The novel draws on themes Matar has examined for years — solitude, deracination, the totality of grief — but is also his most substantive exploration of friendship. The subject fascinates him and has profoundly shaped his world, as someone who has lived apart from his family since he was 15.

“Relationships bring us alive,” Matar, 53, said during an interview from his studio in London. But while familial bonds and romantic ties are freighted with expectations, he continued, friendship is all the more exciting for its promiscuity: “We usually have more than one. We usually have them at the same time. And if we are fortunate, they could be our longest relationships.”

“Families are ingenious at teaching us how to love,” Matar said. But friendship carries its own special charge. “If we are fortunate, they could be our longest relationships.”Credit…Ellie Smith for The New York Times

Matar was born in New York City in 1970 to Libyan parents. At the time, his father, Jaballa Matar, was working for Libya’s permanent mission to the United Nations. Three years later, the Matars moved back to Libya but left for Cairo in 1979, after it became clear that remaining under the Qaddafi autocracy, which came to power in a 1969 coup, was unsafe. More than three decades would pass before Matar returned.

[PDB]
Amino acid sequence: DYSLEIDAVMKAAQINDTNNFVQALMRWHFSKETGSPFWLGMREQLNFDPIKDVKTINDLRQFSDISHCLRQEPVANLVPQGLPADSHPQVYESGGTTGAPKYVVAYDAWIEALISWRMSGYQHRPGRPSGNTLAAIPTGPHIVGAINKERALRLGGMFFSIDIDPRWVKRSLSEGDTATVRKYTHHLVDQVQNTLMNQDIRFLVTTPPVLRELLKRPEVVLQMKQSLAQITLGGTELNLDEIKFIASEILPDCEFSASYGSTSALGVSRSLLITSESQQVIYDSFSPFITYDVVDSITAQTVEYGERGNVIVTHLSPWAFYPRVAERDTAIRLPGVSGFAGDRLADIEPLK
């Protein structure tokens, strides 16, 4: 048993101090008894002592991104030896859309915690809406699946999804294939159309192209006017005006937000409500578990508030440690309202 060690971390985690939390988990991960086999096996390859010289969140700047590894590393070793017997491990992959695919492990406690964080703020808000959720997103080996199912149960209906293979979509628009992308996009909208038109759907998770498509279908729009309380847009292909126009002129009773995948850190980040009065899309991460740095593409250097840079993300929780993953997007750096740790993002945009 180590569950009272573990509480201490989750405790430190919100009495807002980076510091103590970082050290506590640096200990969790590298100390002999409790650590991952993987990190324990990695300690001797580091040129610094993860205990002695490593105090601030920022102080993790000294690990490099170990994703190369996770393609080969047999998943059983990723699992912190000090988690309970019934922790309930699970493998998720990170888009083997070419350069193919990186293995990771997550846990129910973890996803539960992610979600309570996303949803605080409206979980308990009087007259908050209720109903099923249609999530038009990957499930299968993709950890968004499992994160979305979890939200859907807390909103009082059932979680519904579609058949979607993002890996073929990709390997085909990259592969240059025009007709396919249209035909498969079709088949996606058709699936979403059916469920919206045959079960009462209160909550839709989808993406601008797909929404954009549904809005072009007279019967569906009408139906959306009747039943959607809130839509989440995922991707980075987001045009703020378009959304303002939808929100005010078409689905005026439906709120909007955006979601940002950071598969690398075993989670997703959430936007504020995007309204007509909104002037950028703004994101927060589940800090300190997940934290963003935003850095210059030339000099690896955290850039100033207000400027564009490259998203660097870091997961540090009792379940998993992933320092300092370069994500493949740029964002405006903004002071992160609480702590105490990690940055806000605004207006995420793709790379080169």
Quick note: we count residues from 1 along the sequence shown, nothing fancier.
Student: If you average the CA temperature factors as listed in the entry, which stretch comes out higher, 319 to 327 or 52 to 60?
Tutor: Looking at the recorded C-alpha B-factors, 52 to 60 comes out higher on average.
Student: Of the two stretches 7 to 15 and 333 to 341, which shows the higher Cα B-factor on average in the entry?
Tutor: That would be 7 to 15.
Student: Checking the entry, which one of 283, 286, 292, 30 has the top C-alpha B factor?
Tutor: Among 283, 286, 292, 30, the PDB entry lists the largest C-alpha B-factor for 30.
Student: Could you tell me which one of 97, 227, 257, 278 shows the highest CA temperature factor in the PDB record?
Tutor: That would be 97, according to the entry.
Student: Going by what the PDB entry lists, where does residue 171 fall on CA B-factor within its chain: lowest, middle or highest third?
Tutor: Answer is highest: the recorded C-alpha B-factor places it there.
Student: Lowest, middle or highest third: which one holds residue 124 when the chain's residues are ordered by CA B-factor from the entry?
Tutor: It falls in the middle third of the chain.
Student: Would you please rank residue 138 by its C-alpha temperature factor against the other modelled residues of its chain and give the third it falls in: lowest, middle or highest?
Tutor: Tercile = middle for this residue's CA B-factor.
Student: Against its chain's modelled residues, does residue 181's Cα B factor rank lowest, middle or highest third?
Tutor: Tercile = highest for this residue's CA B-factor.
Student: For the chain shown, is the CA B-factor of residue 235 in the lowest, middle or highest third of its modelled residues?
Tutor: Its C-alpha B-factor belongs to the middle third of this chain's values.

In Cairo, the family lived a cautious but vibrant life, hosting elaborate dinner parties that often led to spirited political and literary discussions. Jaballa continued his resistance efforts from Egypt, helping to lead an opposition cell that was for a time based in Chad. He traveled under an assumed name, knowing he was watched by the regime. When Matar left to attend an English boarding school in his midteens, he enrolled under the name Robert.

In 1990 the Matars’ greatest nightmare became a reality. Jaballa was detained by the Egyptian police and taken to Libya, where he was jailed in Tripoli’s Abu Salim prison, the site of a 1996 massacre that claimed about 1,200 lives and countless other horrors. Matar and his family have never received a clear answer about what happened to Jaballa, or even to his remains, despite an international campaign and several exchanges with one of Qaddafi’s sons, Seif al-Islam el-Qaddafi.